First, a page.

Eighty percent of runners are sidelined with pain or injury each year – eighty percent! In an attempt to explain this phenomenal statistic, some have concluded that humans simply are not designed for running, that there is a fundamental flaw in the human design, or that only the exceptional escape injury. Others don assistive devices such as motion control shoes or orthotics, or do compensatory exercises in an effort to hang in there ‘til the next run, race or goal.
While it is true that there must be a fundamental, systemic flaw when 80% of people become injured doing something as natural as running, the underlying problem is not poor design or a lack of corrective or assistive devices, but a misunderstanding of our bodies’ natural mechanics. (more…)
Nearly all of us began our lives with naturally balanced posture. Yet, along the way, we modeled the posture of others, spent our days inactive and, over time, transformed our beautifully designed musculoskeletal systems into an imbalanced, overworked, and often-painful body framework. If we want to be healthy as we age, learning how to balance our postures and mechanics is essential.
When our bodies are not properly balanced, there are several consequences:
- Our joints don’t move fluidly, may lose some of their natural range of motion and suffer needless wear and tear because our bones don’t track properly. This can contribute to both a reduction in function as well as pain or debilitating conditions such as osteoarthritis (more…)
If you’re looking for a reason to go on a vacation this year, add this one to the list: it’s good for your back.
Why is vacation good for your back? Because it addresses three of the reasons that your back hurts.
First, one of the most significant contributors to back pain is stress. And not the type of stress that is a major event that causes a big stress response and demands some type of response. No, the way that stress leads to back pain is those daily pain-in-the-neck stressors like commuting to work, getting both you and the family out of the house in a timely manner day after day, or dealing with the daily frustrations of the workplace.
You’ve probably heard or noticed that working on a computer for a prolonged period of time can be hard on your eyes. You may notice symptoms such as burning, tightness, pain, watering, blurring, double vision, or headaches. These symptoms can vary from person to person, and are collectively referred to as Computer Vision Syndrome.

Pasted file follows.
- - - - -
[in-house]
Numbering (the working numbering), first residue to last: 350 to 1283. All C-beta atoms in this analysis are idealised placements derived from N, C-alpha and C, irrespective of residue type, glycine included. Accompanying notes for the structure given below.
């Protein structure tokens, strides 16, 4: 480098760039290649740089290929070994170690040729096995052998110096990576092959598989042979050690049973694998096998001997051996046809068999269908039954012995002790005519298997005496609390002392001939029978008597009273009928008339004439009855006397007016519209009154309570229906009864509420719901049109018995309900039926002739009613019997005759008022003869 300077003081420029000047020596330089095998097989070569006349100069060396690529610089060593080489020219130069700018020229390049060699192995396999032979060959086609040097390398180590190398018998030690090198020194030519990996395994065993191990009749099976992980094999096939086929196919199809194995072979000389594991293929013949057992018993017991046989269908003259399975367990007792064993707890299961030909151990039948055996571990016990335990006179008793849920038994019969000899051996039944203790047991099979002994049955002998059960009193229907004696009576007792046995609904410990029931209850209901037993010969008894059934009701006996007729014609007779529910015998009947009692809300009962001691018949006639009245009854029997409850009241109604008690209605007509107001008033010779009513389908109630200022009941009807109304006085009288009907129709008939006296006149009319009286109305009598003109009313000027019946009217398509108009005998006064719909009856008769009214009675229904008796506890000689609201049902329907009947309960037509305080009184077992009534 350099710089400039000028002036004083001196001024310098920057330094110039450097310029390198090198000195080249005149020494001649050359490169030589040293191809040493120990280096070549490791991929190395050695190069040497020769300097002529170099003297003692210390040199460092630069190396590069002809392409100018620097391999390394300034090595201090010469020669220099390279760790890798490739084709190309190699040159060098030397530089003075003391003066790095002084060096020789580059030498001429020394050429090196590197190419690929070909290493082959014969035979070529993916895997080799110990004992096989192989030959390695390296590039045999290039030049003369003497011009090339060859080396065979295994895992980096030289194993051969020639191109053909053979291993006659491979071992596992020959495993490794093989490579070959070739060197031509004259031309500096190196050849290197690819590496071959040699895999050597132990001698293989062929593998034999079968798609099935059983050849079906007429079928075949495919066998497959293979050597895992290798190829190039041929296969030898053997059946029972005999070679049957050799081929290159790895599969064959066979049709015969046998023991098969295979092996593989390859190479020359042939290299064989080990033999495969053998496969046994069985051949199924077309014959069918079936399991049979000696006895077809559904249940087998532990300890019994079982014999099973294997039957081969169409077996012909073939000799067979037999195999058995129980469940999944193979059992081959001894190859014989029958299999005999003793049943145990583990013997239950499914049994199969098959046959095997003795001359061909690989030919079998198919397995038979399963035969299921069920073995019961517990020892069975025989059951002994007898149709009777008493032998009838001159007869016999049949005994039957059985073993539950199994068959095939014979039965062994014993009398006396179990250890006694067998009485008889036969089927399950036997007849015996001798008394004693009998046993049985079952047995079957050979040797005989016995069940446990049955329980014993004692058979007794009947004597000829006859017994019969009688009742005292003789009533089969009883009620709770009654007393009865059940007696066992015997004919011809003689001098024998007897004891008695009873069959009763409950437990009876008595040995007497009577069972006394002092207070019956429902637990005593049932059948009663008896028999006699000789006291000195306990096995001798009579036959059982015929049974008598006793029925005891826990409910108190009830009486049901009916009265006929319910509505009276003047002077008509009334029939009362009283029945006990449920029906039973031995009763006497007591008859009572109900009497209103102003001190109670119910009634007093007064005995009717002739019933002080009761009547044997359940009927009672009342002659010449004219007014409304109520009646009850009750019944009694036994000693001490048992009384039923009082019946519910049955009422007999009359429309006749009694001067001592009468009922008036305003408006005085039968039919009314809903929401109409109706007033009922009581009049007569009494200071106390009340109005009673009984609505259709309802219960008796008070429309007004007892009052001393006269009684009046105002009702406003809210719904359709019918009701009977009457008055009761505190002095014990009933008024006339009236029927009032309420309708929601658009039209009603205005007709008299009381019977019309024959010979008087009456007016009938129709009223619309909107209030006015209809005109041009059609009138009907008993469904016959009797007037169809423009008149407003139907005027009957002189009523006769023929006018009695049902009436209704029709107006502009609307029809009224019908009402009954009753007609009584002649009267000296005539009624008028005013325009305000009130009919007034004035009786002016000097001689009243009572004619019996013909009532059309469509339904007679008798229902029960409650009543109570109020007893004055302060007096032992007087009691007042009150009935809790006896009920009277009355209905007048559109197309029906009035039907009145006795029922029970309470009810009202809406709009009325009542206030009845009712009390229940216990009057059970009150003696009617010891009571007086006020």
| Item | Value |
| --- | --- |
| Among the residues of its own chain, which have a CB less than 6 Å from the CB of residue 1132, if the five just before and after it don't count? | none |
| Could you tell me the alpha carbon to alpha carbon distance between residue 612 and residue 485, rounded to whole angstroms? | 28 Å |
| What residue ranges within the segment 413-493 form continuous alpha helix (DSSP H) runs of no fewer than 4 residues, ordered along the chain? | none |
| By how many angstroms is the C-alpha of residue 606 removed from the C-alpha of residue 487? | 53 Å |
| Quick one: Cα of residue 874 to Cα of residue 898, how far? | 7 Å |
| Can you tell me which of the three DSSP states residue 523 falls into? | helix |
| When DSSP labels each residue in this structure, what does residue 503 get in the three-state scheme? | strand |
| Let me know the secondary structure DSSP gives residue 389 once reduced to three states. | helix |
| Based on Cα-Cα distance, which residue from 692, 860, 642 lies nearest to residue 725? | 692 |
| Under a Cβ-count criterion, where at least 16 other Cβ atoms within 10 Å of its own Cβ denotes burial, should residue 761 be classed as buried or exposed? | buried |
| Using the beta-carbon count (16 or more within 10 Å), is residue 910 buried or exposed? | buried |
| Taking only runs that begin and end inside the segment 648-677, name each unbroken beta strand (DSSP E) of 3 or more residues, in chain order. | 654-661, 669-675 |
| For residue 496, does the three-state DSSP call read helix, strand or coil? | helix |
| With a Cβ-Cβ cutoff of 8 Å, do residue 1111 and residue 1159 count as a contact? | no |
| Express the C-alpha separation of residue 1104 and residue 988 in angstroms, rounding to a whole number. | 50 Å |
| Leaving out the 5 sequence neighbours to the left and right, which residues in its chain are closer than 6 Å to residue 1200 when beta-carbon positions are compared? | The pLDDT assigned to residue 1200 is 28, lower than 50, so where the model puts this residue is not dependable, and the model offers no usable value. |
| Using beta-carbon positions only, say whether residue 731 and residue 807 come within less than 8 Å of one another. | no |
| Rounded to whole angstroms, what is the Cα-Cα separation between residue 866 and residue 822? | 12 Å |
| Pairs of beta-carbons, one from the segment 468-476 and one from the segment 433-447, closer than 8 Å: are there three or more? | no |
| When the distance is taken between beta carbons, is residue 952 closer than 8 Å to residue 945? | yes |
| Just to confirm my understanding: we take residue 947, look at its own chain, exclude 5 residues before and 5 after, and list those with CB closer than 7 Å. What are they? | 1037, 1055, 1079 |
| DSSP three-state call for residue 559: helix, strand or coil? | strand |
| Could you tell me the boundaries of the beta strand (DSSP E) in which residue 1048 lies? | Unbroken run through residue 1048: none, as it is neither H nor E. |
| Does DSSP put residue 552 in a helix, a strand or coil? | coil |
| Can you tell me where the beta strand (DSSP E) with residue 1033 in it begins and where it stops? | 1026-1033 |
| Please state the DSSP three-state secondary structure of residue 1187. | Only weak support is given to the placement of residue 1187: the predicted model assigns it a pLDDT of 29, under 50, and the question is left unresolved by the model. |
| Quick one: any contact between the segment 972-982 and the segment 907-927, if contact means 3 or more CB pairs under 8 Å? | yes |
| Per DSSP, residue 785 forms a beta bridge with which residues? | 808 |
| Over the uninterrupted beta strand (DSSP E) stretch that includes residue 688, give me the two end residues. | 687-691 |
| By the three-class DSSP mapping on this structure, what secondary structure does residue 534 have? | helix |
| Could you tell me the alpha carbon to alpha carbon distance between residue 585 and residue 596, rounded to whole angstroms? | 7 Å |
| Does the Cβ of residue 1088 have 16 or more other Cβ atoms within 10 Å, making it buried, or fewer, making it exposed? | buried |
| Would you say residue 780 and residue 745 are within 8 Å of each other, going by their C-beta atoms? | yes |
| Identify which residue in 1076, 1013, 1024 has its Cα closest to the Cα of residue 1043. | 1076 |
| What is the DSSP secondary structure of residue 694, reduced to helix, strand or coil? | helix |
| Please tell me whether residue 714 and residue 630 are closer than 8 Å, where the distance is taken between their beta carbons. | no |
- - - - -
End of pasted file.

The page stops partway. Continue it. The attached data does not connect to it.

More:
However, viewing your computer screen for prolonged periods of time can also contribute to back and neck pain for one simple reason: your body will follow your eyes. In other words, if you can’t see, you will move your body until you can, by bending forward, rounding your shoulders, or moving your head forward. All of these movements put your body into an unbalanced position, which leads to muscles that are tight and shortened, or stretched and lengthened, joints that don’t function well because the bones aren’t oriented properly, or compressed spinal discs.
Even a well-designed computer work area loses its effectiveness if you can’t see the monitor. (more…)
We’ve all heard people talk about how “their back went out”. Something like, I slipped on a wet floor and my back went out, or I bent down to pick up a sock and my back went out. Or maybe there was an event, such as an automobile accident, athletic event, or maybe it started at work. In many – most, actually – cases, the pain just started with no specific triggering event.
It seems intuitive to attribute the pain to the event that occurred at its start. However, with back pain it’s usually more of a “last straw”, in that there were things that you were doing on a regular basis that actually led to the “triggering event”. Primary contributing factors include inadequate movement, imbalanced postural mechanics, and stress; there are also several secondary factors. (more…)